I always travel with a physical book since I’m not allowed to read on my iPad during take off and landing. Last weekend, I took The Eric Trap on my flight to Detroit. I was given an advance copy to read and review–so perfect timing! I was already on Chapter 4 before I boarded the plane because the book just drew me in. Not only is it a very easy read, but the story of Eric Newman just sucks you in because anyone in ministry can probably relate to the challenges and triumphs of Eric.
Let me back up a bit… I read Jim Wideman‘s Volunteers that Stick and Children’s Ministry Leadership about 6 years ago, and I’ve been endorsing his books in my own workshops for the past few years. I also follow Sam Luce and Kenny Conley‘s blogs pretty regularly. So naturally when these three guys collaborated on a book together, I was genuinely interested. Afterall, it seems like we can never have too many books on leadership on your shelf, right? (okay, I said that with a hint of sarcasm… but for reals, I was genuinely interested).
I have to admit that the premise of this book definitely had me intrigued–A Leadership Fable told through a fictional character, Eric Newman. As I read through Eric’s week, I initially thought, “whew, thank God I never had such bad experiences as Eric.” Although I never had the experience of confrontations with volunteers the way Eric had experienced, I realized that I had my share of very bad days in ministry that almost caused me to quit on several occasions. Just as Eric learned some lessons the hard way, I have too. Just as Eric was able to experience moments of joy and triumphs, I had those scattered to keep me going. Just as Eric had good people who spoke truth into his life, I did too. Soon, I realized that my ministry experience and life wasn’t too far-fetched from Eric’s.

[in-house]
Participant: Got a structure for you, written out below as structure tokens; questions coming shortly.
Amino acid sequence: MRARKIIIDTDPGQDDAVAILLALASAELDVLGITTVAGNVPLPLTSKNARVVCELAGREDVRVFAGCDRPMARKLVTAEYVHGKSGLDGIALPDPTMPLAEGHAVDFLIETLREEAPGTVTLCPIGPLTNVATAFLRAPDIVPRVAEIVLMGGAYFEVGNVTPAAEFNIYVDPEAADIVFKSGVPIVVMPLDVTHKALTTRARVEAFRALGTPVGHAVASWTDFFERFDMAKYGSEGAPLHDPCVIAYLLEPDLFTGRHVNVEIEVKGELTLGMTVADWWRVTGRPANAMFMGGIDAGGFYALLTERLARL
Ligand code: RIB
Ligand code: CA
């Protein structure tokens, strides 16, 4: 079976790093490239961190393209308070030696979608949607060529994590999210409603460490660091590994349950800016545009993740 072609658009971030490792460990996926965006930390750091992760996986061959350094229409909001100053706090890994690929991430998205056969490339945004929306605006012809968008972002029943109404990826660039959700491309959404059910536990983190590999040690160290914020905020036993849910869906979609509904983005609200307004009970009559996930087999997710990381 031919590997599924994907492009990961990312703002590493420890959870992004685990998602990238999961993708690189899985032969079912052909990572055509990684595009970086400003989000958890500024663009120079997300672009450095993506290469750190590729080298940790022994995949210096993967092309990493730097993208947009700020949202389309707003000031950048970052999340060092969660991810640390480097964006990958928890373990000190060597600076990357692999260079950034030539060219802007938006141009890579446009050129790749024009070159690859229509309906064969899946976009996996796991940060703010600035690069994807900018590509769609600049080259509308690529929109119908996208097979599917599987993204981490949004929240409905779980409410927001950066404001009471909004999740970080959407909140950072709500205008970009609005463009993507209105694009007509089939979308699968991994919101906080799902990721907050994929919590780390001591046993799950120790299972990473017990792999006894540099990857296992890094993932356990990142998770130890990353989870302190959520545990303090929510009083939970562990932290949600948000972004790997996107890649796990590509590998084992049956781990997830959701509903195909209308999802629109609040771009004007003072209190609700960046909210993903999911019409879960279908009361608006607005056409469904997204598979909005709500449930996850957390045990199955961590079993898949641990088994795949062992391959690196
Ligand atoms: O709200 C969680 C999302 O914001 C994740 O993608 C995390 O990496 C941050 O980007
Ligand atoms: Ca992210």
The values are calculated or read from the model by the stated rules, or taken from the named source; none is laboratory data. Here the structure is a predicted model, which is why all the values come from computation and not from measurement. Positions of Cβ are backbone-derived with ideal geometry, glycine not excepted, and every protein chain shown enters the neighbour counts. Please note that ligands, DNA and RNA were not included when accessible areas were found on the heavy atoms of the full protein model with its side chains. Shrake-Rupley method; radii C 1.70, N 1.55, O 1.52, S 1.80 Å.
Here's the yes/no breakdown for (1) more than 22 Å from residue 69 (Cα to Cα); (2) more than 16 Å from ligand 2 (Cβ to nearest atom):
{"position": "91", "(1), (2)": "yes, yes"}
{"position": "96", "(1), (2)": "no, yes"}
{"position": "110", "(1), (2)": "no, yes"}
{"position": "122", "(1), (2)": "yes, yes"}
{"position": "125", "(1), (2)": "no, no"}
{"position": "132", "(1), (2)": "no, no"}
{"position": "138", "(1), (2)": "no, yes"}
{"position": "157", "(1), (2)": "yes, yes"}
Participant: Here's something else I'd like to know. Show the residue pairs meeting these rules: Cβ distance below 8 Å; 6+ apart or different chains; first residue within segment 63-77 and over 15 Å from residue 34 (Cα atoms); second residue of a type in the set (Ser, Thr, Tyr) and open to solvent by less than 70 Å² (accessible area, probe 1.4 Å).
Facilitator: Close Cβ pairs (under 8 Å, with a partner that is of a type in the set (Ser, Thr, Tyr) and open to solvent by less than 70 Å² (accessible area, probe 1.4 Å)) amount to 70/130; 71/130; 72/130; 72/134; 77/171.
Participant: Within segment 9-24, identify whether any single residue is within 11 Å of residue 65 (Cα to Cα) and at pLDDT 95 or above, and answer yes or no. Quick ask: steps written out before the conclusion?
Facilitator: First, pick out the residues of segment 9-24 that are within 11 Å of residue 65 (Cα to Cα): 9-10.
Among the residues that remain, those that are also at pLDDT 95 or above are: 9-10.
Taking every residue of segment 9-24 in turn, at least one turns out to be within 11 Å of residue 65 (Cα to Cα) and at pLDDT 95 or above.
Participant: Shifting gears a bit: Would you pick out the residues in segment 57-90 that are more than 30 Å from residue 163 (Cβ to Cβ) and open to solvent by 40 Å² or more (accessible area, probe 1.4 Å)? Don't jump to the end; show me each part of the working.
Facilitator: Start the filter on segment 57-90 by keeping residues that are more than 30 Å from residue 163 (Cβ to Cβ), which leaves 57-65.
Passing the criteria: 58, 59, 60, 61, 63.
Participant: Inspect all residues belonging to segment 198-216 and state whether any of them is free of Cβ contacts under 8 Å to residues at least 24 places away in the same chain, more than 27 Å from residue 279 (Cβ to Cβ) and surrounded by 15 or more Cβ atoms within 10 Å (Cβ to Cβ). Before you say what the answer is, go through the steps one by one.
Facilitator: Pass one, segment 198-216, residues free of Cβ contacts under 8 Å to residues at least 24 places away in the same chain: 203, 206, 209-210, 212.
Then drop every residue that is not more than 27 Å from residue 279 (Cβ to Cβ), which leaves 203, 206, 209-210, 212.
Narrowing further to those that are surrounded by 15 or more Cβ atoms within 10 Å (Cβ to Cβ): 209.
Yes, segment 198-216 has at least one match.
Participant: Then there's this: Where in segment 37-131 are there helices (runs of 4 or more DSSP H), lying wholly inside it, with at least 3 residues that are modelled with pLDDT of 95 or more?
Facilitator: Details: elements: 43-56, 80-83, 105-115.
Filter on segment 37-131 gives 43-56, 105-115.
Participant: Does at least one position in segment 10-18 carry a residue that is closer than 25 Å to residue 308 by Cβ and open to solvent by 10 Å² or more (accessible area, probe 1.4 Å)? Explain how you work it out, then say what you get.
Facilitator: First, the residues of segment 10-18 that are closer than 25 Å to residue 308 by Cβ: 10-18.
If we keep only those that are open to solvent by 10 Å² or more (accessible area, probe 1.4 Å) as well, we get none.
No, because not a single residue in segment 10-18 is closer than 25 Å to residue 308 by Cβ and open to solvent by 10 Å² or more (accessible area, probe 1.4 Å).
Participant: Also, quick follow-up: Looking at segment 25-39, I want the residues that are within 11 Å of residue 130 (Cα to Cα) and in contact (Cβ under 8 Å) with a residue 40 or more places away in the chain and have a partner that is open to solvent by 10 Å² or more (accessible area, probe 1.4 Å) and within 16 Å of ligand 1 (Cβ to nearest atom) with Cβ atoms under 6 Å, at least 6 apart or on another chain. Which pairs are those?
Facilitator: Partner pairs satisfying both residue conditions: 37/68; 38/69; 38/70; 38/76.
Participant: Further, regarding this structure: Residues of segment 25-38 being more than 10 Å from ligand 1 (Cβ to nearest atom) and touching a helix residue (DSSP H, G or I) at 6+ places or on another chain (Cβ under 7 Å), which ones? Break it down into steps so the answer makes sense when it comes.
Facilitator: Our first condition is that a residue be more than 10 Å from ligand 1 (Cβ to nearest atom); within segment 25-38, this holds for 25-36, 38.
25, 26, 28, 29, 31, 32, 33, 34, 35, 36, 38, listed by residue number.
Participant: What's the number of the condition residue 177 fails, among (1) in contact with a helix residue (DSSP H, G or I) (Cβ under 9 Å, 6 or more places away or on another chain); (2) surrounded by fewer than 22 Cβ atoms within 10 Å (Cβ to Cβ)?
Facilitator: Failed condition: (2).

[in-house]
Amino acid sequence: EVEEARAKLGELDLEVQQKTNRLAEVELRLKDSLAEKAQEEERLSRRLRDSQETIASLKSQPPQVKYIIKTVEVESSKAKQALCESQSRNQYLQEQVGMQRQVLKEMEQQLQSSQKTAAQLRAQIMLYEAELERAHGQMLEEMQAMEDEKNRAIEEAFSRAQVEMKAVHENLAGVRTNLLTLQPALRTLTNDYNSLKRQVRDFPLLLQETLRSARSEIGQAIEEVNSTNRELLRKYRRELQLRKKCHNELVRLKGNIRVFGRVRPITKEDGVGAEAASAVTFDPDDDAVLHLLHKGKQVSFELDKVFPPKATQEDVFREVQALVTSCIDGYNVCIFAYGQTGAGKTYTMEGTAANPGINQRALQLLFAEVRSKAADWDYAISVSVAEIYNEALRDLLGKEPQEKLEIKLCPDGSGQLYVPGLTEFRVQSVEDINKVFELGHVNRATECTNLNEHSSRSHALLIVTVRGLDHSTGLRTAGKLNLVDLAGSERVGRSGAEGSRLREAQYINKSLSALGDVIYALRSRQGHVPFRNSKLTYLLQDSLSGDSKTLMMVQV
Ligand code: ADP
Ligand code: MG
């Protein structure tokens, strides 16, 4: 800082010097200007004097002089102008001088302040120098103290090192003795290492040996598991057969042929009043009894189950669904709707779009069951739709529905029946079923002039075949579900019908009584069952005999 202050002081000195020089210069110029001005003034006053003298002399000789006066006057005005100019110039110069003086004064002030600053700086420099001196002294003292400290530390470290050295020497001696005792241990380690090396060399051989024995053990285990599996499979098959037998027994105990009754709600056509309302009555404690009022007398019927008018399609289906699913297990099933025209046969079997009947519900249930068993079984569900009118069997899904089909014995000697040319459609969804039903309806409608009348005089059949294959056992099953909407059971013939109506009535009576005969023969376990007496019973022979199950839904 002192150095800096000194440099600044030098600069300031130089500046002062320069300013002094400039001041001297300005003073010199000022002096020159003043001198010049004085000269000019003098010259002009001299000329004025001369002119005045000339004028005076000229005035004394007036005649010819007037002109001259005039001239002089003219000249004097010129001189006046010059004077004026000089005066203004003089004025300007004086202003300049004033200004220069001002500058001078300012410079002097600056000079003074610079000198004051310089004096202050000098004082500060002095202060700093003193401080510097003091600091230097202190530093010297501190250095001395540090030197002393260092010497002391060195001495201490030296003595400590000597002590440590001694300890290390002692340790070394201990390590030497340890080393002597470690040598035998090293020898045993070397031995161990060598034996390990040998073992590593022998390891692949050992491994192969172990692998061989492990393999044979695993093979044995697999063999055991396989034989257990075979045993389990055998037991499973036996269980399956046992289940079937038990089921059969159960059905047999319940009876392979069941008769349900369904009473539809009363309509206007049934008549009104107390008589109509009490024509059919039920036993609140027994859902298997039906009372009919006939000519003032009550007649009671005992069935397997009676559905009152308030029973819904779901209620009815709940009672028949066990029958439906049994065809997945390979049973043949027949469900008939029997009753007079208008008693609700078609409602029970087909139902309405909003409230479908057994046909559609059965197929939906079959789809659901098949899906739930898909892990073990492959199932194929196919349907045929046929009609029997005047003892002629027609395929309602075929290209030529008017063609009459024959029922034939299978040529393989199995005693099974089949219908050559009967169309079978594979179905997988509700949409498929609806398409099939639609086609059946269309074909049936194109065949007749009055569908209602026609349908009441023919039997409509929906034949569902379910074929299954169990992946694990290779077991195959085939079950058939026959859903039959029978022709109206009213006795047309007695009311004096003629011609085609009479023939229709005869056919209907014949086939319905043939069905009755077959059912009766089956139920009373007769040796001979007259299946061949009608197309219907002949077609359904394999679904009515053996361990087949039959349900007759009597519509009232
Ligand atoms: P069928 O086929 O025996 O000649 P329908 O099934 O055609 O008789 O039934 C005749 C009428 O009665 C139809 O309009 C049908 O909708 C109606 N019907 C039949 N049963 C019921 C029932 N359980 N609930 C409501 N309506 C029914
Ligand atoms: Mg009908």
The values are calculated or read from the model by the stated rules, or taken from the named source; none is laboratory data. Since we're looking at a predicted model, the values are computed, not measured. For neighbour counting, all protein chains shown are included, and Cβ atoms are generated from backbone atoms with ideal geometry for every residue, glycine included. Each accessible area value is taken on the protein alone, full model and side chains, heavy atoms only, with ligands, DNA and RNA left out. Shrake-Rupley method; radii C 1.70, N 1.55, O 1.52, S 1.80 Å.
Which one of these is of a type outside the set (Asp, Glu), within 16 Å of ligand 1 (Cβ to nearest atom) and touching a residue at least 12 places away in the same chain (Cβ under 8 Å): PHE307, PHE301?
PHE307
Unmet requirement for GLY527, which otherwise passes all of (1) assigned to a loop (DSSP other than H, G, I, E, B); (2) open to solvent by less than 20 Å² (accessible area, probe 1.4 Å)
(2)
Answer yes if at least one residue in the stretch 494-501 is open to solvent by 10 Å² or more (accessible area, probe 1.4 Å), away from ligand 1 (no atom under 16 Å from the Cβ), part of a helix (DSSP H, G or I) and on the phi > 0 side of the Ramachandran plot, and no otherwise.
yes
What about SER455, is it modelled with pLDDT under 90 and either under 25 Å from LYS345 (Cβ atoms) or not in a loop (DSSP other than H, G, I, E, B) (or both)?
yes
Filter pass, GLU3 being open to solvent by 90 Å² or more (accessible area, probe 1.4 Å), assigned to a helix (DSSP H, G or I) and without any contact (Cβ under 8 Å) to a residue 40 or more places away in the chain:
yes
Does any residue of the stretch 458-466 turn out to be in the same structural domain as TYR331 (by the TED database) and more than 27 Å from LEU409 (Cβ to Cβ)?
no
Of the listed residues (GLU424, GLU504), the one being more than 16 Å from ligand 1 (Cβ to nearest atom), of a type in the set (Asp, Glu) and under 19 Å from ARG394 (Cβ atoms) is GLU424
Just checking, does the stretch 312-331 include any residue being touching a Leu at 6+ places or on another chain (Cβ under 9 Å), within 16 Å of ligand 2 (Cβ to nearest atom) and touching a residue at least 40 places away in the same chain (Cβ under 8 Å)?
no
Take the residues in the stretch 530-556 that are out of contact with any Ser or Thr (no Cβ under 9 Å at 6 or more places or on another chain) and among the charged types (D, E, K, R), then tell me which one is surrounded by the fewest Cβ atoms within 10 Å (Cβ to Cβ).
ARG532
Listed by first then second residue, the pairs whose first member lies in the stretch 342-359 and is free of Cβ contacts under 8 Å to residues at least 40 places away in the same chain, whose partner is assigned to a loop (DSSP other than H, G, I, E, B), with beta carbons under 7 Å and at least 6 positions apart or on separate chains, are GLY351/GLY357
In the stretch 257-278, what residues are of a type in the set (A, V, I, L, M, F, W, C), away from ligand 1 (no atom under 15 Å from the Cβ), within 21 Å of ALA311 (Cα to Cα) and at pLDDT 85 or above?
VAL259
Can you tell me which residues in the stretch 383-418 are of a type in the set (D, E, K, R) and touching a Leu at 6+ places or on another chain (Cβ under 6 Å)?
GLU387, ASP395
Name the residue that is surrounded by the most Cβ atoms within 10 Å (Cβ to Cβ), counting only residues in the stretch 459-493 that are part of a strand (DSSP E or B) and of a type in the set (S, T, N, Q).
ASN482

As I read through Eric’s week and 5 things we all need to get right as leaders, I soon found myself questioning my own approach to my current ministry (I’ve been in my new position for 3 months now). Although this is my 18th years in KidMin, new position in a new church poses new challenges, and given my current position, 2 chapters really stood out to me: Chapter 2-Leadership Under Authority and Chapter 3-Activate Parental Leadership! I practically highlighted all of page 58 and 79-83! And I was driven to reflect on some questions from the book given my current ministry situation. My big take-aways include:
- What if I was the agent of change in my church?
- What if I put some of my dreams and vision temporarily on hold and decided to commit the next six months to truly serving my pastor in a humbling and sacrificial way?
- Family Ministry: INSPIRE, EQUIP, & SUPPORT!
- Parents not only need to know that they should lead their kids spiritually, but they need to know they can be successful at it. How can OUR CHURCH inspire, equip, and support the parents???
In addition, I truly appreciate “Your Eric Trap” at the end of each chapter that takes tangible and practical application approach. They have great questions to ponder upon and to put into action. I truly appreciated that this book is written by current practitioners who put into words a realistic picture of what being a leader in KidMin looks like. However, I think the big idea of leadership in this book applies to not only those in KidMin but ANYONE in ministry!
I had one thought as I was reading The Eric Trap–could there be a sequel? The Erin Trap? Some challenges of a single female in leadership position in KidMin? Something I’m just very aware of due to my life stage… just a thought…